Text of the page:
E3161 Victoria Edwards in conversation with G0055 Valerie Keyes, who served as President of the RMC Club in 1998-99. (4th in a series)
e-veritas: What are you up to these days?
Valerie Keyes: In 2011, I was appointed Project Director Requirements and Director Headquarters Integration, HQ Transformation Project, National Defence Headquarters. The project will mitigate inefficiencies and operational constraints caused by dispersal of DND personnel among 48 buildings across the National Capital Area. It involves the fit up and construction work for as part of the DND consolidation. I am taking a Masters of Science in Leadership through the Brookings Institution in Washington DC. As a member of the board of directors of the Canadian Fencing Federation, I have been rewriting the foundation guidelines in light of recent changes to the Not-for- Profit Corporations Act (Federal and Provincial). I am also on the board of directors of the RA Centre in Ottawa.
e-veritas: How did you end up at RMC?
Valerie Keyes: I was born in Toronto and educated at St Clement’s School, an all-girls private school in Toronto, and the Königin Luisen Stiftung in Berlin, Germany. I received my Honours Bachelor of Arts degree from Trinity College, University of Toronto. I joined the Canadian Forces Communications Reserves in 1975, and was commissioned as a Communications and Electrical Engineering Officer in 1976. I served in both part- and full-time positions, including Deputy Commanding Officer of the Communication Squadrons in Baden-Soellingen, Germany and in Edmonton, Alberta, and as Staff Officer Operations and Training at Command Headquarters in Ottawa. When I came to RMC, under the Post-Graduate Plan, I was the only woman among 700 men. I graduated from the War Studies program with a Master of Arts (History) in 1980, being both the first woman and the first Reservist to do so.
e-veritas: You served as a research assistant for the history department at RMC (1980-3), when the first class of women cadets entered RMC. Outline your primary and secondary role(s).
· I coached the cadets in library research methods: formulating a search, searching for books, journal articles and conference papers using a manual card catalogue, interlibrary loans, evaluating and citing sources. [See RMC’s Research Strategy Tutorial http://www.rmcc.forces.gc.ca/lib-bib/rst-tsr/index-eng.asp]
· I served as the Commandant’s rep to the dining hall committee
· I served as deputy returning officer for two federal elections.
· As a member of the History Department, I helped run the annual military history symposium at RMC.
· As a role model to female cadets, I helped female cadets on an ad hoc basis. For example, I counselled a female cadet, who felt that withdrawing/leaving RMC was the only option, that there were alternatives: staying on her course, changing to another course within RMC; changing to a course at another university; taking a break from her studies; repeat study (assessment task, module or year) etc. Having sought advice, and having considered the alternatives, she was more confident that she made the right decision and made a better argument to RMC administration, which approved her plan.
· As Military Wing Staff Officer, I provided the College leadership some practical advice on the integration of female cadets. For example, I recommended the replacement of the women’s red one piece bathing suits, which tended to become transparent, when wet.
e-veritas: You met your husband at RMC. Any tips on work life balance?
Valerie Keyes: Yes. My husband, 12571 Cdr Keith Keyes (RMC 1980) serves as Personnel Metrics Team – Team Leader (PersMT TL), in Director General Military Personnel, Chief Military Personnel. Our younger son, Alastair, who is in Grade 12 at Ashbury College, is a Canadian Champion fencer who aspires to the Canadian Olympic team while Tristan, who is in his fourth year at King’s College in Halifax, is an Atlantic All Star Varsity rugby player. I’m lucky my husband has always been tremendously supportive of what I do and vice-versa. You have to have a strong partnership. You have to find the right balance. It’s tough. You have to plan ahead. As a wife, mother, daughter, worker and volunteer, there are sometimes not enough hours in the day.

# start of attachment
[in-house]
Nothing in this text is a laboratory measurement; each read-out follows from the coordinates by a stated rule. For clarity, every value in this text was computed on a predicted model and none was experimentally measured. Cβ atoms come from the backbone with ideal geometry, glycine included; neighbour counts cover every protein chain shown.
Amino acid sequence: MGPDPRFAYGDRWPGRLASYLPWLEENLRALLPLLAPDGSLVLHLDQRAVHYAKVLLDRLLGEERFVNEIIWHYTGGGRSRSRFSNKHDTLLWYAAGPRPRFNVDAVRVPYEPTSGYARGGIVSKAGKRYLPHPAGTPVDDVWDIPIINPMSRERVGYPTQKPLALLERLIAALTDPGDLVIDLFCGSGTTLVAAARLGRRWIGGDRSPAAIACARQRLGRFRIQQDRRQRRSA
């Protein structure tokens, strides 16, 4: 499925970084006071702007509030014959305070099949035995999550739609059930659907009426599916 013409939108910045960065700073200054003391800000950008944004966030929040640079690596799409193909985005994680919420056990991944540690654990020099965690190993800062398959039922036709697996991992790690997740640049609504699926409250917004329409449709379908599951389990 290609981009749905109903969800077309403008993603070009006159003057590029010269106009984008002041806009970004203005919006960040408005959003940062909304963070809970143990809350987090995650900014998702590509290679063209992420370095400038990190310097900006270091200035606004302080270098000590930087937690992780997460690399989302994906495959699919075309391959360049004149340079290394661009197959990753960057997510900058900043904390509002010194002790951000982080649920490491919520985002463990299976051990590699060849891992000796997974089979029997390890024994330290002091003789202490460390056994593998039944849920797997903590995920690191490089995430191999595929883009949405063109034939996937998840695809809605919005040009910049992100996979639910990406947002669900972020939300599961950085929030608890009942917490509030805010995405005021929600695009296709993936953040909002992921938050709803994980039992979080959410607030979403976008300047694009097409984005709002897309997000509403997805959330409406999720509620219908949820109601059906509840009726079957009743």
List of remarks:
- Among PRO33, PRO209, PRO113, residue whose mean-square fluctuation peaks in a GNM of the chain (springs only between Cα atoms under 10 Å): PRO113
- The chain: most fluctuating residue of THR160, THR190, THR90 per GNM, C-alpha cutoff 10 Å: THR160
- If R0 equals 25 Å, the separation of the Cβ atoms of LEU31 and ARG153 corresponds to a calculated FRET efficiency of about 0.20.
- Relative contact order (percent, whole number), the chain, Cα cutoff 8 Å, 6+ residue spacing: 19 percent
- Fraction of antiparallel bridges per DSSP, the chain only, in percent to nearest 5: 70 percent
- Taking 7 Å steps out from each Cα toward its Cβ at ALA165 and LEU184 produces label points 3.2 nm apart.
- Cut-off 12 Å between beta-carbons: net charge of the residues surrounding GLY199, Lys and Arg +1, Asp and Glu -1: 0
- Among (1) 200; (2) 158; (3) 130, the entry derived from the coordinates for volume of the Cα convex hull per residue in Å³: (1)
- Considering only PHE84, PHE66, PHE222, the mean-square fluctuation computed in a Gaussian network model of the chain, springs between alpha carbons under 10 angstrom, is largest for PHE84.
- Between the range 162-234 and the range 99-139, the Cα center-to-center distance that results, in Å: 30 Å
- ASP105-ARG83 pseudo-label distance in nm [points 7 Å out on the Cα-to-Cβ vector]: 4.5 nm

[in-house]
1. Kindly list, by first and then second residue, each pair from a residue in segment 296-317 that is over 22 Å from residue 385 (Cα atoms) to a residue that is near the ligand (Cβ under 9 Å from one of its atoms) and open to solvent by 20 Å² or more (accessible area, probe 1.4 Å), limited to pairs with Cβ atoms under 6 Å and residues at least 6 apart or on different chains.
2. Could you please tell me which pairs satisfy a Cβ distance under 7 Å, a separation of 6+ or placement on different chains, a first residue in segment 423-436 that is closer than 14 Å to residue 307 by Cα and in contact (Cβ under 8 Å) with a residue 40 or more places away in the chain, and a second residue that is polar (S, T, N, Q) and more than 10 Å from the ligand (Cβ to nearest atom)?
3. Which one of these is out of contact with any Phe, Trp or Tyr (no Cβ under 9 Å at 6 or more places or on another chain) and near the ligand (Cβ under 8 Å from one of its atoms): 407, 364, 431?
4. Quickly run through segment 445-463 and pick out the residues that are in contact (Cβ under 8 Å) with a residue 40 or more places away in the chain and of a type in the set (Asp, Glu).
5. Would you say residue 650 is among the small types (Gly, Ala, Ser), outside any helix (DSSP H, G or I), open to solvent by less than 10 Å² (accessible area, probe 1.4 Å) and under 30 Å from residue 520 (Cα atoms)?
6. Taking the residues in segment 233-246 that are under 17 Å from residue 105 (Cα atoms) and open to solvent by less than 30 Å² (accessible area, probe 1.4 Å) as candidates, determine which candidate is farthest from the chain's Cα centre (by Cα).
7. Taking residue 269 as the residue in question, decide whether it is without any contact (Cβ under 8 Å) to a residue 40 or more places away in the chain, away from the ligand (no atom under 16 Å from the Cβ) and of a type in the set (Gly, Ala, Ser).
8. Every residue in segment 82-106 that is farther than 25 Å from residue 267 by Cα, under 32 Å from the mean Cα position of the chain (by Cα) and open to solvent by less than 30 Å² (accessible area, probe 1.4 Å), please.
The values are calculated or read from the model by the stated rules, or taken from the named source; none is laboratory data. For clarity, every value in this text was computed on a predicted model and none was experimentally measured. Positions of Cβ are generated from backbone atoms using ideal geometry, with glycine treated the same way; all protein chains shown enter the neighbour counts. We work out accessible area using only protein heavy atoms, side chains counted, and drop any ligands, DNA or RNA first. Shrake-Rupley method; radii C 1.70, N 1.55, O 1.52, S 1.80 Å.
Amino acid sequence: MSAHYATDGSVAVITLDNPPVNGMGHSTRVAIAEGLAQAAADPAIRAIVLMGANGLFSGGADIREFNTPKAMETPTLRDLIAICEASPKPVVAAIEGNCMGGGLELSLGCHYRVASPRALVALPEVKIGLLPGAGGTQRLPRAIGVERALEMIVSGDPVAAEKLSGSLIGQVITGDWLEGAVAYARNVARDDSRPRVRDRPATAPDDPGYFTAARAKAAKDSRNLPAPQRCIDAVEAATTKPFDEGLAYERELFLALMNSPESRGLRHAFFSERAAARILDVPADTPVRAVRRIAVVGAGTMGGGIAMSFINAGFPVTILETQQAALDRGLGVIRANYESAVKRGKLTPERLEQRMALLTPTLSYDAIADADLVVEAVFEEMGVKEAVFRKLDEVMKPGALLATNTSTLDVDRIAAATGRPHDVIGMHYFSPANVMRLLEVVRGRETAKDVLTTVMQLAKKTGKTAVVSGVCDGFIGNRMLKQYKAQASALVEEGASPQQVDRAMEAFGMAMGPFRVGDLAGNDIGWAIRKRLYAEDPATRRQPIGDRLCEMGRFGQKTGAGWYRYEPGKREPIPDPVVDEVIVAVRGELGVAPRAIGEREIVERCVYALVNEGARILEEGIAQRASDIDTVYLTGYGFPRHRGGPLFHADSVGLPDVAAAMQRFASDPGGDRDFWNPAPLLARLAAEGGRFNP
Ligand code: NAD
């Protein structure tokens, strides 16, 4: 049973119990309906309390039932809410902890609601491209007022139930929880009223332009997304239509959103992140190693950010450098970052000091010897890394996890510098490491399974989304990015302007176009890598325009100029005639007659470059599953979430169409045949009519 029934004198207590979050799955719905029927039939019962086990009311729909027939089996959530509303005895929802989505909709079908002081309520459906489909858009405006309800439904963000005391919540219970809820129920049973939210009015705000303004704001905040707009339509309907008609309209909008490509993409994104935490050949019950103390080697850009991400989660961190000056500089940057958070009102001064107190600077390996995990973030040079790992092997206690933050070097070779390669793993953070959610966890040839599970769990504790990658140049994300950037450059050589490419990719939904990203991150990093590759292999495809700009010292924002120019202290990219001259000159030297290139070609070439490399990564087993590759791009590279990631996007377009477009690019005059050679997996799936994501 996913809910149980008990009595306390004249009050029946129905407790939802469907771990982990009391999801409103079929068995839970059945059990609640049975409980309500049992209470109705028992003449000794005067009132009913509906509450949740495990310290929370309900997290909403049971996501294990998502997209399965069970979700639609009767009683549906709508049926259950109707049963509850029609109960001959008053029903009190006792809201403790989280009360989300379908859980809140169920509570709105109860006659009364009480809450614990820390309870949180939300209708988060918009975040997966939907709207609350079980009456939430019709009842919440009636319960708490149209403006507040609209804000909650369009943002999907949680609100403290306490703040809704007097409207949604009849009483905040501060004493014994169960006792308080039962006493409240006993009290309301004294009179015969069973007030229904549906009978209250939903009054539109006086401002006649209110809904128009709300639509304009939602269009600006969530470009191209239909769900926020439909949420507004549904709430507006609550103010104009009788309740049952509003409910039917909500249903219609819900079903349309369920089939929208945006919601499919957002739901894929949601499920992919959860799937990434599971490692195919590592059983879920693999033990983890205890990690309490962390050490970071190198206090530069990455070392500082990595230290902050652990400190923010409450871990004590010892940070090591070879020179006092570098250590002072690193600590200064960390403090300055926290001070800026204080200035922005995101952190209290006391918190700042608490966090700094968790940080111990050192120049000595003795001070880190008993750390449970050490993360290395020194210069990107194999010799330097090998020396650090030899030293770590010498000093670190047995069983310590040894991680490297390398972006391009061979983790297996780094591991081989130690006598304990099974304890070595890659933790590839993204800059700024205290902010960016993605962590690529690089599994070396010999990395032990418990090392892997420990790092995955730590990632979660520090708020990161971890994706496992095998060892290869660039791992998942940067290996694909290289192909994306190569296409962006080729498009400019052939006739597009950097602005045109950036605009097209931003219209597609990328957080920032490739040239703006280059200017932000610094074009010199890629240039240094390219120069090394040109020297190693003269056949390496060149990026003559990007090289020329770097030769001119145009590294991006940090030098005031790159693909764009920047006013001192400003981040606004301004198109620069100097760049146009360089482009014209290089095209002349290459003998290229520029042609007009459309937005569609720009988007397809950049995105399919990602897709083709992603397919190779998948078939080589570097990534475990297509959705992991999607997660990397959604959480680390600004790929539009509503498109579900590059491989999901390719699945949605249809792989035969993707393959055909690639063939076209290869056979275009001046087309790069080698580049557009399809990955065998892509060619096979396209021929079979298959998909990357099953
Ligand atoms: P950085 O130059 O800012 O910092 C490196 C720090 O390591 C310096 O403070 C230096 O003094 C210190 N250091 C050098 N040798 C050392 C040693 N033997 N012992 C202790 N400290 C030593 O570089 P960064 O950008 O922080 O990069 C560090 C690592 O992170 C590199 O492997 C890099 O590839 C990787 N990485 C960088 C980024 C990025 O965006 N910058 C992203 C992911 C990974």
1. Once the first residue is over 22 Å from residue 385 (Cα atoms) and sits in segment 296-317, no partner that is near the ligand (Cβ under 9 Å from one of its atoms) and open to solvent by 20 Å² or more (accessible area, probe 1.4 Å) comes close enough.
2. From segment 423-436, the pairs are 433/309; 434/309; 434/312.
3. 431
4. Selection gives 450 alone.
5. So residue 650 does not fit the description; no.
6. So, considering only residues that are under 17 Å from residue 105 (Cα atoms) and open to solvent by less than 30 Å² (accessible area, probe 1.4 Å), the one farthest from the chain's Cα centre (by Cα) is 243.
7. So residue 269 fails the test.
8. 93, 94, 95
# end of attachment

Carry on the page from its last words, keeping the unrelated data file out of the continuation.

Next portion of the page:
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e-veritas: How did you get involved with RMC Club business? How did you end up as RMC Club president?
Valerie Keyes: I have been a member of the Club since graduation, and have a framed letter from the then Secretary-Treasurer, 2354 Col H.W.C. Stethem (RMC 1933), on my office wall, which announced that I was eligible to join the RMC Club as an associate member. I got involved with RMC Club business because 2435 BGen (Ret’d) Bob Bennett (RMC 1935), who later became an honourary godfather to our children, recruited me in 1986. He felt that it would be neat to have a female RMC alumni/former staff member on the board of the Ottawa Branch of the RMC Club. I served as 2nd VP, 1st VP, and then President of the Ottawa Branch 1992-3. When I was first nominated as 2nd VP of the Ottawa Branch, my nomination had to be held over for a year since associate members were ineligible to serve on the executive. 5244 Tony Downs (RRMC 1962), president of the Ottawa Branch actioned constitutional changes which enable graduate students and University Training Plan Men/Women (now University Training Plan Non Commissioned Members) to have full membership. After the constitution was changed, I was renominated as 2nd president of the Branch, after serving as President of the Ottawa Branch, was elected to the National Executive in 1993. I served as 2nd VP (1996-7), 1st VP (1997-8). I was elected as the first woman President of the Royal Military Colleges Club of Canada in September, 1998 and later served as Treasurer of the RMC Foundation.
e-veritas: What were some of the biggest challenges during your tenure as president?
Valerie Keyes: In the 1990s, some of the biggest challenges in the Club related to financial challenges; RMCC & Club eligibility.